Few ranches, however, are able to stop grazing three weeks before the first killing frost in order to manage their livestock grazing enterprise as they do their hay enterprise. One approach that can help is to move livestock from rangelands to seeded pastures comprised of grass species that better tolerate grazing during early fall. If this is not feasible, another approach is to reduce grazing intensity during early fall. Grazing lightly during early fall (i.e., leaving more than three to four inches of residual forage height after grazing) provides grasses more leaf area for photosynthesis to produce energy that can restore the reserves used to break summer dormancy. Rotational grazing also works well during fall. The first grazing period can be brief during early fall when grasses are growing, followed by heavier grazing during late fall when it’s too cold for plants to initiate regrowth after grazing.

In summary, close grazing of range grasses during early fall can be very damaging when growing conditions have enabled grasses to break summer dormancy. Avoiding heavy grazing during these times will keep grasses healthy going into winter and help grasses produce more forage next spring. Happy ruminating.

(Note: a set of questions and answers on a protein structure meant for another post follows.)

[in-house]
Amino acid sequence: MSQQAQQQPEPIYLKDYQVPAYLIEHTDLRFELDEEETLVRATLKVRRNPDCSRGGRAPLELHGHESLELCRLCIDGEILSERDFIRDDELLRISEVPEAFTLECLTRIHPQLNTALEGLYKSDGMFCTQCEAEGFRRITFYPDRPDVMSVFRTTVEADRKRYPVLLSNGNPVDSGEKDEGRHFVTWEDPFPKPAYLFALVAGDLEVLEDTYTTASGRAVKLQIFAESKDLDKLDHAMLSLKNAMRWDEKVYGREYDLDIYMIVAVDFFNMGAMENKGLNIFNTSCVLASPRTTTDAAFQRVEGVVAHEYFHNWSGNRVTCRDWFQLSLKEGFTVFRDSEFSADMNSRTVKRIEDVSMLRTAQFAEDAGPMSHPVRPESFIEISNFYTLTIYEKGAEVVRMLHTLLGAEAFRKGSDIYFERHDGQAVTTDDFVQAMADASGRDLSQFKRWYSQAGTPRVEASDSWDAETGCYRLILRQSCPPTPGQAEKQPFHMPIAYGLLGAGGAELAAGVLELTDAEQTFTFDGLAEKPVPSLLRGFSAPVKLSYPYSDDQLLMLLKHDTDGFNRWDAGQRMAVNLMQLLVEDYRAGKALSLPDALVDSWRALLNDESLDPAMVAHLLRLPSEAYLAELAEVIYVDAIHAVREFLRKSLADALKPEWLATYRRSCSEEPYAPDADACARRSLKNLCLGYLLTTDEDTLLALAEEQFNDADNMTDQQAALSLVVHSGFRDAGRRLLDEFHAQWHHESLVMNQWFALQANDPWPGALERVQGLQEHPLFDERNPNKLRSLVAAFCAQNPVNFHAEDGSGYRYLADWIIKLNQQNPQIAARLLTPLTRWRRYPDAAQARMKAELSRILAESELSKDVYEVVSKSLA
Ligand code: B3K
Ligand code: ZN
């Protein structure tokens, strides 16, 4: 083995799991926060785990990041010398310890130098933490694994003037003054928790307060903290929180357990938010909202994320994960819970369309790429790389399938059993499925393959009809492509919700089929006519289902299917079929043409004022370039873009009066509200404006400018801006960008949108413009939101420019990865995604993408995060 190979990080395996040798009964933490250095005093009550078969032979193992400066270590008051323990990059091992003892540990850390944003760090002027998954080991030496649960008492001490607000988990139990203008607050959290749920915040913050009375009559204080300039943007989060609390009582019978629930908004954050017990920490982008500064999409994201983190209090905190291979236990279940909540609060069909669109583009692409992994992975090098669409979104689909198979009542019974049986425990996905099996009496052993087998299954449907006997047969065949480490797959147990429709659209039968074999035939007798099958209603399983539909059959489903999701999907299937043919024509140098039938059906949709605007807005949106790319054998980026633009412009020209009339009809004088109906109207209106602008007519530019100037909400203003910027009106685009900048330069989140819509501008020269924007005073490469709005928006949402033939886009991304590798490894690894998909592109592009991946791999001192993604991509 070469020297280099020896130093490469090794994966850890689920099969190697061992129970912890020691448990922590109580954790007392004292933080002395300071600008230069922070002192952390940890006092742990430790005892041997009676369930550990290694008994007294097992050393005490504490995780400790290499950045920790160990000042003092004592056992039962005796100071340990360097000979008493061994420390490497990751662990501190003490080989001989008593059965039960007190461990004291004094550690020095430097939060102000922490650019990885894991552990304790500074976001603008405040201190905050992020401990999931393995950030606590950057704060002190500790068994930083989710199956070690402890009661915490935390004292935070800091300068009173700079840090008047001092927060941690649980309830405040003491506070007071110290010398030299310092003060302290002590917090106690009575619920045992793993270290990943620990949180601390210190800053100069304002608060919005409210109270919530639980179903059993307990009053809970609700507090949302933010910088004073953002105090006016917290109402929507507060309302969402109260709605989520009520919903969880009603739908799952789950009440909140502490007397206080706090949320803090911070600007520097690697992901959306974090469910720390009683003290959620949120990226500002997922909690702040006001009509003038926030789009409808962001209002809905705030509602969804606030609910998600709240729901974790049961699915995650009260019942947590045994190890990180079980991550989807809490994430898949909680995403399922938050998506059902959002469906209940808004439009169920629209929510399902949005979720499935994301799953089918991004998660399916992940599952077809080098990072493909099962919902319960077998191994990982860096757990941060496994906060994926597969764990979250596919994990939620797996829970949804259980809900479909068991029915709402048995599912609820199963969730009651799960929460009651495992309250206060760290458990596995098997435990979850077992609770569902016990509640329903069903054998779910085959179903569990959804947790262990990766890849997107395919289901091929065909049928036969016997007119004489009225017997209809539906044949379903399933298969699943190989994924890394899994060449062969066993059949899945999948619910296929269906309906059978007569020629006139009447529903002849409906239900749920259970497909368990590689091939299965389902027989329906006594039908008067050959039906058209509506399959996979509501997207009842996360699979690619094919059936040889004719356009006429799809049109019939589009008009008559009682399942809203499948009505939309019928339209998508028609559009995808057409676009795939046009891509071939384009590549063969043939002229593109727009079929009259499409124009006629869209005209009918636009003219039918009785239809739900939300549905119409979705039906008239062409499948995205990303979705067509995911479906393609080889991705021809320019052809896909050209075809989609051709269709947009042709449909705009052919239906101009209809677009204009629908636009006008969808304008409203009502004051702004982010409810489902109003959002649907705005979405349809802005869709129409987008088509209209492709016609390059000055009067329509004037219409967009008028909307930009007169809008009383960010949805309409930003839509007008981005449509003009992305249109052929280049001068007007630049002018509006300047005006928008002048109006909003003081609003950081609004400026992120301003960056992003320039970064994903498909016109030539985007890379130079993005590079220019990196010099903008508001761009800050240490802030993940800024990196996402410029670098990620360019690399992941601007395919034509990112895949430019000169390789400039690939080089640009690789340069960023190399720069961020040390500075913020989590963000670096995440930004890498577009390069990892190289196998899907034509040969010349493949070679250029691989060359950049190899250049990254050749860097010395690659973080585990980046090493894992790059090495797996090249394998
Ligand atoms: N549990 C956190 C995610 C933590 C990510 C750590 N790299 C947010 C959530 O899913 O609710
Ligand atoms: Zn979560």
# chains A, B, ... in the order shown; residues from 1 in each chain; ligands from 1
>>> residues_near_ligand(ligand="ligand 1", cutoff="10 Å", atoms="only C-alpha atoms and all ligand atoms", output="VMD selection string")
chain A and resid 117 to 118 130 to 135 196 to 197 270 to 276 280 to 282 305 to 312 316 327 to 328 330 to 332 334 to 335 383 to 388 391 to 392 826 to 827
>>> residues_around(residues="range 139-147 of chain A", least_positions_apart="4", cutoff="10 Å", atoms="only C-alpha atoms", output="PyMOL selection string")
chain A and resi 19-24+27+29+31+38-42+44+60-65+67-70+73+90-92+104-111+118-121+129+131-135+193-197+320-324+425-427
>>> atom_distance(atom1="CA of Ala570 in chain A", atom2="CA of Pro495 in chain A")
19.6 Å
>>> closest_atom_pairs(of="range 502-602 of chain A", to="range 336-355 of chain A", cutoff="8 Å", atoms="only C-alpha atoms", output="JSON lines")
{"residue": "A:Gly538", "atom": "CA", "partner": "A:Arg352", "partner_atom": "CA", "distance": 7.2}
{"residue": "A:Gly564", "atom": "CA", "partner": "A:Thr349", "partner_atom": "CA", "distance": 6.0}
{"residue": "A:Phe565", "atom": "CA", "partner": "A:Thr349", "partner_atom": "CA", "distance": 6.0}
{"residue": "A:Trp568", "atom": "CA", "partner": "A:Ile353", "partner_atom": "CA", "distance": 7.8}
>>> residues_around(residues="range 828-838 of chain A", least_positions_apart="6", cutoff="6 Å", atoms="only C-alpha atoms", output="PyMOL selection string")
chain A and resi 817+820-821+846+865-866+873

MSU to host Agricultural Economics Outlook Conference

montana state extension logo

BOZEMAN – Montana State University’s Department of Agricultural Economics and Economics and MSU Extension will host the 9th annual Agricultural Economics Outlook Conference on Nov. 6.

This year’s conference, “Montana Agriculture: Global Trade to Local Foods,” will run from 9:30 a.m. to 1:30 p.m. in the Procrastinator Theater in MSU’s Strand Union Building.